Honor the Heroes of the Game, Preserve Its History, Promote its Values & Celebrate Excellence Everywhere
Jon Kendle is Director of Archives and Football Information at the Pro Football Hall of Fame. His biweekly columns tell unique and interesting stories starting from the league’s founding in downtown Canton in 1920 to the present day.
Two head coaches, Dan Quinn of the Atlanta Falcons and Bill O’Brien of the Houston Texans, have been fired through the first eight weeks of the 2020 NFL season. Both coaches had long tenures with their respective clubs before being relieved of their duties midseason.
It is inevitable in such a highly competitive and results-driven profession that more franchises will change their leadership in the coming weeks and months. This can become a vicious cycle of hiring and firing head coaches and general managers year after year for far too many NFL franchises.
Unfortunately, few head coaches get a chance to lead a franchise for as long as Quinn (85 regular-season games) and O’Brien (100 regular-season games) did. Most head coaches are lucky to see Year 2. Below is a list of five of the shortest-tenured head coaches in NFL history.
5. Lane Kiffin (2007-08) Oakland Raiders – 20 games
The honeymoon period for Lane Kiffin and Hall of Fame owner Al Davis didn’t last much past the introductory news conference. Kiffin, at the time, was the youngest head coach in the NFL’s modern era. He and Davis didn’t see eye to eye on much of anything throughout the 2007 season. Oakland finished 4-12, and reports surfaced that Davis tried to get Kiffin to resign on several occasions. Following a 1-3 start in 2008, the Raiders fired Kiffin.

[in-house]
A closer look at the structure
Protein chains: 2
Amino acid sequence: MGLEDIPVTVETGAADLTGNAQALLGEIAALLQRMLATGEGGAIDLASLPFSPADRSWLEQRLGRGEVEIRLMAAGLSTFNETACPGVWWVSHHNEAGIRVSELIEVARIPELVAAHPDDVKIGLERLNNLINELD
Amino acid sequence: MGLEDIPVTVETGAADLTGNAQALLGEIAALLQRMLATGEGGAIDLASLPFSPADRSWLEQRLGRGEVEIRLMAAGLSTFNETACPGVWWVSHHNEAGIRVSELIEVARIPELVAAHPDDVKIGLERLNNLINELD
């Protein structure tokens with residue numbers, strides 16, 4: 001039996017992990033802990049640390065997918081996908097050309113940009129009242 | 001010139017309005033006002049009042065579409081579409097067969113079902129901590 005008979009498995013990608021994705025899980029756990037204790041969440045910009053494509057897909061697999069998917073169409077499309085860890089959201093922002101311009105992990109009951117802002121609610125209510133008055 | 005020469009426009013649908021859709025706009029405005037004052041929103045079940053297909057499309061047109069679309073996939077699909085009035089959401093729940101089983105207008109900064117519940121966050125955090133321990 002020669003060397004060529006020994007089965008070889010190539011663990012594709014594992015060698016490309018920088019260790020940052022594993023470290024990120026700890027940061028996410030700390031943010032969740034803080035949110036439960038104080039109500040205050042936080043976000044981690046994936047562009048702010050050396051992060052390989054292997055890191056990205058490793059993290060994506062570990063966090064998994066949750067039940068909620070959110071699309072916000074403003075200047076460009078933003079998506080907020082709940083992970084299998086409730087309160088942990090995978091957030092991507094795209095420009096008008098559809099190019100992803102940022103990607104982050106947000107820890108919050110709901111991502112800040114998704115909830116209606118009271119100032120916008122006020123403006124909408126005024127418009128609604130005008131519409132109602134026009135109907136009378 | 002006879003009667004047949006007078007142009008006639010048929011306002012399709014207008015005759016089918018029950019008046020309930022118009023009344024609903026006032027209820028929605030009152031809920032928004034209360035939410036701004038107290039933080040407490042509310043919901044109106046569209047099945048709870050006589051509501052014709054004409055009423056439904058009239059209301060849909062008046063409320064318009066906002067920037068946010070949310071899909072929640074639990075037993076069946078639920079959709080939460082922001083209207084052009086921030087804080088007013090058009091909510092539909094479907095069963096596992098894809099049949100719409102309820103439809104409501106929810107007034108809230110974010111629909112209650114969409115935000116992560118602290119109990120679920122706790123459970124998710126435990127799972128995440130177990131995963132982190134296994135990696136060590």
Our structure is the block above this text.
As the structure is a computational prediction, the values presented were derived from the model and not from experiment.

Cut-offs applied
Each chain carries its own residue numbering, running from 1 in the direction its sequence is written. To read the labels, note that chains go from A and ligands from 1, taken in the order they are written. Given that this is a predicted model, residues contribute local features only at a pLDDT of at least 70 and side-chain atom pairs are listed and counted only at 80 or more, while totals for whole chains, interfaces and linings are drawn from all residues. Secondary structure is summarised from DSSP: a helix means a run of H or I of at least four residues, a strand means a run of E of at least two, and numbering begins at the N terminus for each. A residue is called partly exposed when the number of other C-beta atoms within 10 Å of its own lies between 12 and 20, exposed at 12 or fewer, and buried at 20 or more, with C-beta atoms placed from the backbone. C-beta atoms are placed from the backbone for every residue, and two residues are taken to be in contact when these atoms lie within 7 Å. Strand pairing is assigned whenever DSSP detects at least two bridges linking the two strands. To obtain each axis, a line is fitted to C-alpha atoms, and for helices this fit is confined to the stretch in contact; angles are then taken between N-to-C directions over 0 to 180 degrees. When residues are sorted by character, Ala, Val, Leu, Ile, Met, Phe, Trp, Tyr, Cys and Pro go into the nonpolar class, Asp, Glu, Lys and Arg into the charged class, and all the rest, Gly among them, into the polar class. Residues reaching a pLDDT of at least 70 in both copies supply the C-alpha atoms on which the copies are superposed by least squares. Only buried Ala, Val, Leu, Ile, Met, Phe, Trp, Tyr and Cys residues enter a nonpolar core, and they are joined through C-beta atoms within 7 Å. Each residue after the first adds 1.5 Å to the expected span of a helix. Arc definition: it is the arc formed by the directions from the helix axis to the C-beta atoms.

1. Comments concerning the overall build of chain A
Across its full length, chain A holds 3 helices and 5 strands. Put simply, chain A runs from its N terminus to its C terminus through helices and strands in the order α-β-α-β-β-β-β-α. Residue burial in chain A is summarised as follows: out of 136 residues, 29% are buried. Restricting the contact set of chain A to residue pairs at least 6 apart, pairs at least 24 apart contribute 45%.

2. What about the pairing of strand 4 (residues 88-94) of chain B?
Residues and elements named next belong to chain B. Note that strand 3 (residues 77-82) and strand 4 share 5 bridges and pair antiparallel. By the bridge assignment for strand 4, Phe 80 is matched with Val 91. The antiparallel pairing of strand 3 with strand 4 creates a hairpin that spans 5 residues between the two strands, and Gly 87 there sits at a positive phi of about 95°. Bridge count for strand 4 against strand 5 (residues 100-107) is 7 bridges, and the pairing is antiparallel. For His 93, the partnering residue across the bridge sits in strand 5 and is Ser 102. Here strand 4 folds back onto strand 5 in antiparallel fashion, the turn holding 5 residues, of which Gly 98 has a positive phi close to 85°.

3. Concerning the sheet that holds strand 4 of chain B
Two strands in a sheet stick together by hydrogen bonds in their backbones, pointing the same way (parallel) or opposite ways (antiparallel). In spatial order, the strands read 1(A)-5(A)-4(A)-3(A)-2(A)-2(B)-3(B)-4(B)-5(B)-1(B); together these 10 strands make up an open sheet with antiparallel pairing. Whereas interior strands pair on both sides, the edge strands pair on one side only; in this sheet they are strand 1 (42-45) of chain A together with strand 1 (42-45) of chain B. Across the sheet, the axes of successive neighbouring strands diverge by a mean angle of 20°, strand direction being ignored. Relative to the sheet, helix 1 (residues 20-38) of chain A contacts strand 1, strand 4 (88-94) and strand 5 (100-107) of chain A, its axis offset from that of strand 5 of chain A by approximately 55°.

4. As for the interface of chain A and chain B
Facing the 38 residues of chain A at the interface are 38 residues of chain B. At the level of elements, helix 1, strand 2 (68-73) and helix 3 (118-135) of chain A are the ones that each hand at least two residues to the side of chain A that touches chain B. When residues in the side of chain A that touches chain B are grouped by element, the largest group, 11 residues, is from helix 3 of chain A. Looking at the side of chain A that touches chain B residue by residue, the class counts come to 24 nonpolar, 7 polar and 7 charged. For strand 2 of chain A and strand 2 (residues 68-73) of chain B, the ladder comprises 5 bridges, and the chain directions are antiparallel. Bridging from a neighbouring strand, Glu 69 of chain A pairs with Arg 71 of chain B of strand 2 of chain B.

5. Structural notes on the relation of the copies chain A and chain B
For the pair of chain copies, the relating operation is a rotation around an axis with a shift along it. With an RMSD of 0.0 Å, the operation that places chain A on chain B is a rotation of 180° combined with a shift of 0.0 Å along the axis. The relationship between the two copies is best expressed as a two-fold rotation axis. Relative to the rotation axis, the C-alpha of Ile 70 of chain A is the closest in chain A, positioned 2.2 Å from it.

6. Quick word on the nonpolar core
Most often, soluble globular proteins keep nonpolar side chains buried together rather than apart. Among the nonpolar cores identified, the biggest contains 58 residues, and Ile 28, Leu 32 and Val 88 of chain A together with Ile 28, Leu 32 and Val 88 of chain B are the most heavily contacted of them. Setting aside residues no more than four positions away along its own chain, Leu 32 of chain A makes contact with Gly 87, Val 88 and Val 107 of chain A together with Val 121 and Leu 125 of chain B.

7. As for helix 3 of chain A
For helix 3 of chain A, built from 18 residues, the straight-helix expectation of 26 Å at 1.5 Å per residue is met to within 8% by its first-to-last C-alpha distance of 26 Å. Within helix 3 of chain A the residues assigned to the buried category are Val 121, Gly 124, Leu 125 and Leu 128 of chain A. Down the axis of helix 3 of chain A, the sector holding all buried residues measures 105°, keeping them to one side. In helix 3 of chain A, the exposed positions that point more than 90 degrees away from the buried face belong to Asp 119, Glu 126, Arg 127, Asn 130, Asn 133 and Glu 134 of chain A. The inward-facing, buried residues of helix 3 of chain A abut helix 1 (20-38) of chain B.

4. Lou Holtz (1976) New York Jets – 13 games
Most people don’t remember Lou Holtz’s one year as an NFL head coach. Hired by the Jets in 1976 after four years as head coach at North Carolina State, Holtz was supposed to restore the Jets to glory. In Hall of Fame quarterback Joe Namath's swan song year in New York, the Jets fielded the worst defense in football and went 3-11. Holtz resigned before the final loss of the season. He returned to college football, coaching at four universities over 25 years, and earned election into the College Football Hall of Fame in 2008.
3. Pete McCulley (1978) San Francisco 49ers – 9 games
Prior to being named head coach of the 49ers, Pete McCulley had been an NFL assistant for most of his career. In fact, he had never been a head coach at any level of football. Before the 1978 season, the 49ers traded five draft picks, including a first-rounder, for future Hall of Famer and San Francisco native O.J. Simpson. McCulley was fired after going 1-8. His release would open the door for the new owner, future Hall of Famer Edward DeBartolo Jr., to hire another future Hall of Famer, Bill Walsh, as his next head coach.
2. George Allen (1978) Los Angeles Rams – 2 preseason games
George Allen never had a losing season as an NFL head coach. During his 12-year Hall of Fame career, his overall record was 118-54-5. His second stint with the Rams didn’t go well, however. Shockingly, owner Carroll Rosenbloom let Allen go after two underwhelming preseason games before the 1978 NFL regular season started. He was replaced by defensive coordinator Ray Malavasi, who led the Rams to a 12-4 record with Allen’s roster.
1. Bill Belichick (2000) New York Jets – 0 games (1 day)
For one bizarre day Bill Belichick was the head coach of the Jets. Belichick, New York’s highly touted defensive coordinator, was tabbed to succeed Hall of Famer Bill Parcells when he stepped down in 1999. Strangely, during Belichick’s introductory news conference, he ended up giving an impromptu resignation speech. The Jets and Commissioner Paul Tagliabue agreed Belichick was still under contract. The Patriots ultimately traded a 2000 first-round draft pick to acquire their new head coach from the Jets.